Renzi moves to stop anti-terror snooping

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Matteo Renzi requested the snooping measure be removed from draft legislation. Matteo Renzi photo: Shutterstock
17:38 CET+01:00
Prime Minister Matteo Renzi has blocked legislation which would have allowed anti-terrorism authorities to remotely access people's computers, Italian media reported on Thursday.

Renzi requested a passage be removed from Italy’s draft anti-terrorism law, which is currently being crafted in Rome, Il Sole 24 Ore reported.

The measure would have authorized police to view people’s computers from afar, although the proposal raised privacy concerns.

Italy’s justice commission has now submitted a revised text to be voted upon by lawmakers.

Renzi called for new anti-terrorism measures in January, in the wake of a series of shootings in Paris which left 17 people dead.

READ MORE: Should Italy spy more after the Paris attack?

The proposals outlined so far include jail sentences of up to eight years for “foreign fights”, meaning those who leave Italy in to join terrorist cells.

The same prison time could also be applied to those who organize, finance or promote terrorist groups, Rai News said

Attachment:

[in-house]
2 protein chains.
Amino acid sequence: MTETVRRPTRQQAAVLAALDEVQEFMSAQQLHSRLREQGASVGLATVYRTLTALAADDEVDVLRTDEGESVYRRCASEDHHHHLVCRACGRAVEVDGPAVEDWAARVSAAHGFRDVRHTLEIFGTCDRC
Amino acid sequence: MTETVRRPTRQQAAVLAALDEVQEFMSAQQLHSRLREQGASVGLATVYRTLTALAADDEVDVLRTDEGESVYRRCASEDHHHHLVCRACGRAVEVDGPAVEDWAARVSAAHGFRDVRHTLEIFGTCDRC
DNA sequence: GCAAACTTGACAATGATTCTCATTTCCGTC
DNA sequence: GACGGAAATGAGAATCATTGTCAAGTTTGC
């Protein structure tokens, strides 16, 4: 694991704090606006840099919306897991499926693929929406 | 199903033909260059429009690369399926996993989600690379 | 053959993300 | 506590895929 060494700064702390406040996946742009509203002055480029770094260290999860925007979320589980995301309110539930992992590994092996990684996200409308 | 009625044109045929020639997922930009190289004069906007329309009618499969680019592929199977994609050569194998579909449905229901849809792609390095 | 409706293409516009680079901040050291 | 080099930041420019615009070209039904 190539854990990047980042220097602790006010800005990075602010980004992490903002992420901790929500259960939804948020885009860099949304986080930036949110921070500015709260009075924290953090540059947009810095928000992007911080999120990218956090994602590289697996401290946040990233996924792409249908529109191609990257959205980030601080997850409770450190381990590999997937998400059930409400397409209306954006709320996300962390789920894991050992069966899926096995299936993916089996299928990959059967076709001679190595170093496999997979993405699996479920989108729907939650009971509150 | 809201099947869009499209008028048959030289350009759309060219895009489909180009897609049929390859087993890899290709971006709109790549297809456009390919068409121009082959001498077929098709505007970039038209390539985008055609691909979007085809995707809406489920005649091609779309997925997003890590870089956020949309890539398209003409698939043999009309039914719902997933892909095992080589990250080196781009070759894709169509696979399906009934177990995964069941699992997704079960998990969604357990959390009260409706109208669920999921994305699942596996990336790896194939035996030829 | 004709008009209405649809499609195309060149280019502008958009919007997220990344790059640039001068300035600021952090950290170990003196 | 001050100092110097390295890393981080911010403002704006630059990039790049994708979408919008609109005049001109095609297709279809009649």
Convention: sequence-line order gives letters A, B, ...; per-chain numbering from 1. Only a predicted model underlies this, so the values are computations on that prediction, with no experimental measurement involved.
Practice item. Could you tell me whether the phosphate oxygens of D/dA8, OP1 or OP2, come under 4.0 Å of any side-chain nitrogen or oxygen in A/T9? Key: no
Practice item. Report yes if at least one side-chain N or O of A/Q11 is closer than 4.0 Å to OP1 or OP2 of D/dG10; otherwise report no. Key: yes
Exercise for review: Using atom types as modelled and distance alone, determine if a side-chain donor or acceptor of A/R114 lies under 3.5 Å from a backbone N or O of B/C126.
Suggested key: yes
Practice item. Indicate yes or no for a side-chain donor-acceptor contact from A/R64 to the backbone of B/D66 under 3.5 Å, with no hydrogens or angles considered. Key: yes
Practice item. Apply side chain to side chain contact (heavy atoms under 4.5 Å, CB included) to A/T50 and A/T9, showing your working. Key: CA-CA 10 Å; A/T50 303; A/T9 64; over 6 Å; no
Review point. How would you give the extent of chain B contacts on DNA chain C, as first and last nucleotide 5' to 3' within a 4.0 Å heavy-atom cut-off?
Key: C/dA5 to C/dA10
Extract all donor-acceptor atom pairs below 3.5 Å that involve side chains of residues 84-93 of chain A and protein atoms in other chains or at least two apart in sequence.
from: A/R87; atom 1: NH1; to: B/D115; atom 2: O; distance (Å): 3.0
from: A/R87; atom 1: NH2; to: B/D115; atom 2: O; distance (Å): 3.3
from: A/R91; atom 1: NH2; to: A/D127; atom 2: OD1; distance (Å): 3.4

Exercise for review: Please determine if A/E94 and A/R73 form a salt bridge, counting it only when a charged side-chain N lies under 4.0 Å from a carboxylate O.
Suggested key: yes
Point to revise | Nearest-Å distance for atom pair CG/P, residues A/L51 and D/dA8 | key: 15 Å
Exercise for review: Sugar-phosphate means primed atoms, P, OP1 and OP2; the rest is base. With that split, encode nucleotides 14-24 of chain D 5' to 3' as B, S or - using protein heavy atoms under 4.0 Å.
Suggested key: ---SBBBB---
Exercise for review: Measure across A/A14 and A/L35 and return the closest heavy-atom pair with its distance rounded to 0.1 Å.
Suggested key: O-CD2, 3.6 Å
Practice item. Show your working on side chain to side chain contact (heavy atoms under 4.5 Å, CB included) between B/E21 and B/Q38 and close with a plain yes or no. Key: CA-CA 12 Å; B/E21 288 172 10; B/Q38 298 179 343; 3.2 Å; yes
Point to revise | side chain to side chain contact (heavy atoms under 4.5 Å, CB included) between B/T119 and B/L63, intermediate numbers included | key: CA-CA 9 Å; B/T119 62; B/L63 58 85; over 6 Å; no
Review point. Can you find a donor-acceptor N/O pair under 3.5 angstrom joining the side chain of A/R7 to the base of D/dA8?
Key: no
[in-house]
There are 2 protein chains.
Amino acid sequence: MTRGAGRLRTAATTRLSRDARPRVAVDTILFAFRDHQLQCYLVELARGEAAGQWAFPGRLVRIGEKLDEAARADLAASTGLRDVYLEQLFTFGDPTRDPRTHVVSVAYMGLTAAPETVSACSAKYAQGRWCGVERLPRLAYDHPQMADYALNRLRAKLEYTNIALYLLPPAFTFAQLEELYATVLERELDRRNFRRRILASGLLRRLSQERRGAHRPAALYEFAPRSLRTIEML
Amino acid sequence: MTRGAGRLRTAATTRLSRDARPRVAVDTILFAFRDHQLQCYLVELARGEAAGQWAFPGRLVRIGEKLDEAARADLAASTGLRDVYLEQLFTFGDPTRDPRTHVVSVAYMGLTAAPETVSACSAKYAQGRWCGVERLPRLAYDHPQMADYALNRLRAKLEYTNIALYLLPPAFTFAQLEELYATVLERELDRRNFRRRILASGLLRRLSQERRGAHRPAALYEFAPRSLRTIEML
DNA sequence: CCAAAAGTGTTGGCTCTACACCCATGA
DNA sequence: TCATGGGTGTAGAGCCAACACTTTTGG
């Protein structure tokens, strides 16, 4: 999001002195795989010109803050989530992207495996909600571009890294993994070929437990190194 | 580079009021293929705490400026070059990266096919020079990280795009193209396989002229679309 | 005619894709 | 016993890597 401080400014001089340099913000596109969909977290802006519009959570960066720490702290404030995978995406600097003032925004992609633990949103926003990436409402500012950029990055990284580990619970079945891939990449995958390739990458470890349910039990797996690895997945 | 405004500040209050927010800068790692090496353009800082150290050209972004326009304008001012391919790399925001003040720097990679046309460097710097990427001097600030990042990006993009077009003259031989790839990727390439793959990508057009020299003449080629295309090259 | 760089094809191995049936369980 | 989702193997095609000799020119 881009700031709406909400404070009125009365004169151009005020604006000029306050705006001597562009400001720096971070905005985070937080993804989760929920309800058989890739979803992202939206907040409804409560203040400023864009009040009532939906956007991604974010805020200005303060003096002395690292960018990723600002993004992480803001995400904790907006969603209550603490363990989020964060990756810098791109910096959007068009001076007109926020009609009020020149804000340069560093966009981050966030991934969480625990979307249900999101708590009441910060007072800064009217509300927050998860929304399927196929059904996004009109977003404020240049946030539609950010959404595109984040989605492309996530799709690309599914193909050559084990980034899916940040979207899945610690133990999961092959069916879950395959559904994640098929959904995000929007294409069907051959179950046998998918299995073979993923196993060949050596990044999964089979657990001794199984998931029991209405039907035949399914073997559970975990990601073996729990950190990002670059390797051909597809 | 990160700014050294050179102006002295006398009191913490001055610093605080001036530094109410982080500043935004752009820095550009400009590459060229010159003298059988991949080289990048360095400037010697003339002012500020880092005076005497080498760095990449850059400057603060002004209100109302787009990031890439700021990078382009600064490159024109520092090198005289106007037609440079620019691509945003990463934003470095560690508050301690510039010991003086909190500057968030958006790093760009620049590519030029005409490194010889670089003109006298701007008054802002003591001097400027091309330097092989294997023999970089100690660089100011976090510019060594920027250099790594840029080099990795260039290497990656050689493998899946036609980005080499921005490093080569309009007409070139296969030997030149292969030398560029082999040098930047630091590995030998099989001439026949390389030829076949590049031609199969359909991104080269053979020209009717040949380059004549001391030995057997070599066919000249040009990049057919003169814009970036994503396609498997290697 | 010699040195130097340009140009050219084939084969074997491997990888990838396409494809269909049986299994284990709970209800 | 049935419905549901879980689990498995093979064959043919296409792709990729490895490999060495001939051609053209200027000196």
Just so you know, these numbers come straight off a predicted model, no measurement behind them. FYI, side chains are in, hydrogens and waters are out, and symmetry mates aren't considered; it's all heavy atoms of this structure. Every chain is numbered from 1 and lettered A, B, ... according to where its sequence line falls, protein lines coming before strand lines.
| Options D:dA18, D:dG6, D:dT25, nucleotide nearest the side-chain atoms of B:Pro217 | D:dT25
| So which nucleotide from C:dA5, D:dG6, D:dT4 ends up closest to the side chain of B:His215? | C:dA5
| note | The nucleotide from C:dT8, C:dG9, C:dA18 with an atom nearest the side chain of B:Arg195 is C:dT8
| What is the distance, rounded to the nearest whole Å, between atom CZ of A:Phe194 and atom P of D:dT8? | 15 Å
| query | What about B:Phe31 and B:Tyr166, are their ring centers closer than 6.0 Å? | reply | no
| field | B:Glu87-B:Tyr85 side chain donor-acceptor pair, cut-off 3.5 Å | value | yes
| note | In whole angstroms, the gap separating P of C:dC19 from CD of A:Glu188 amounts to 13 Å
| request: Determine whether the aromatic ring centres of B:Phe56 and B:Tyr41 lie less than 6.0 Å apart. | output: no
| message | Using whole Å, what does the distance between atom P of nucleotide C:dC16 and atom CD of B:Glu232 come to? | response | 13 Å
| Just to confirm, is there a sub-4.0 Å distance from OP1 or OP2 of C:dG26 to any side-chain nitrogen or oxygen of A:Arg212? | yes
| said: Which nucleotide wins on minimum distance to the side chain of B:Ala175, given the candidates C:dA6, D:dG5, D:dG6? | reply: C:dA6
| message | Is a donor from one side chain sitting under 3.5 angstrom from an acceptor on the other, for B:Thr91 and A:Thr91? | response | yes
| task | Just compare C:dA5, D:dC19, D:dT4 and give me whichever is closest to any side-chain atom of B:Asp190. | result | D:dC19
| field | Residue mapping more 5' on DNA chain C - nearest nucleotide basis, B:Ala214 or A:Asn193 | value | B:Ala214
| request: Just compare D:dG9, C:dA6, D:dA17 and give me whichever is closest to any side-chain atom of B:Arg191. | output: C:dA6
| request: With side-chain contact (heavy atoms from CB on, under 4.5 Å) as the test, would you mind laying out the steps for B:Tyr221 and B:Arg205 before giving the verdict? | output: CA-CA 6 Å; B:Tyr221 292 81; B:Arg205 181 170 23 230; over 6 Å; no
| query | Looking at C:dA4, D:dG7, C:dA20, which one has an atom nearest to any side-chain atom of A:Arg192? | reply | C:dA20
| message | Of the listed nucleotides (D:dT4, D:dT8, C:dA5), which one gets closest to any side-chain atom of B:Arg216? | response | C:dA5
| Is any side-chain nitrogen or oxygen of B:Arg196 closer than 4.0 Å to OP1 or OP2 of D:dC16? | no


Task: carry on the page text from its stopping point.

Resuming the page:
Authorities also aim to crack down on people caught in possession of, or supplying, substances which can be used to make explosives.

Security forces could also be bolstered under new legislation, with the hiring of 150 police cadets. Three hundred officers could also be brought in this summer to bolster the military unit charged with controlling the Italian territory.

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The Italian government is also casting its eye offshore, earmarking €40 million to support a “Safe Sea” operation to protect fishing boats and commercial ships from attack.

Last month, the Italian navy renewed calls for its 11,000 seamen to be allowed to carry weapons, following the deteriorating security situation across the Mediterranean in Libya.

READ MORE: Italian coastguard wants to carry weapons

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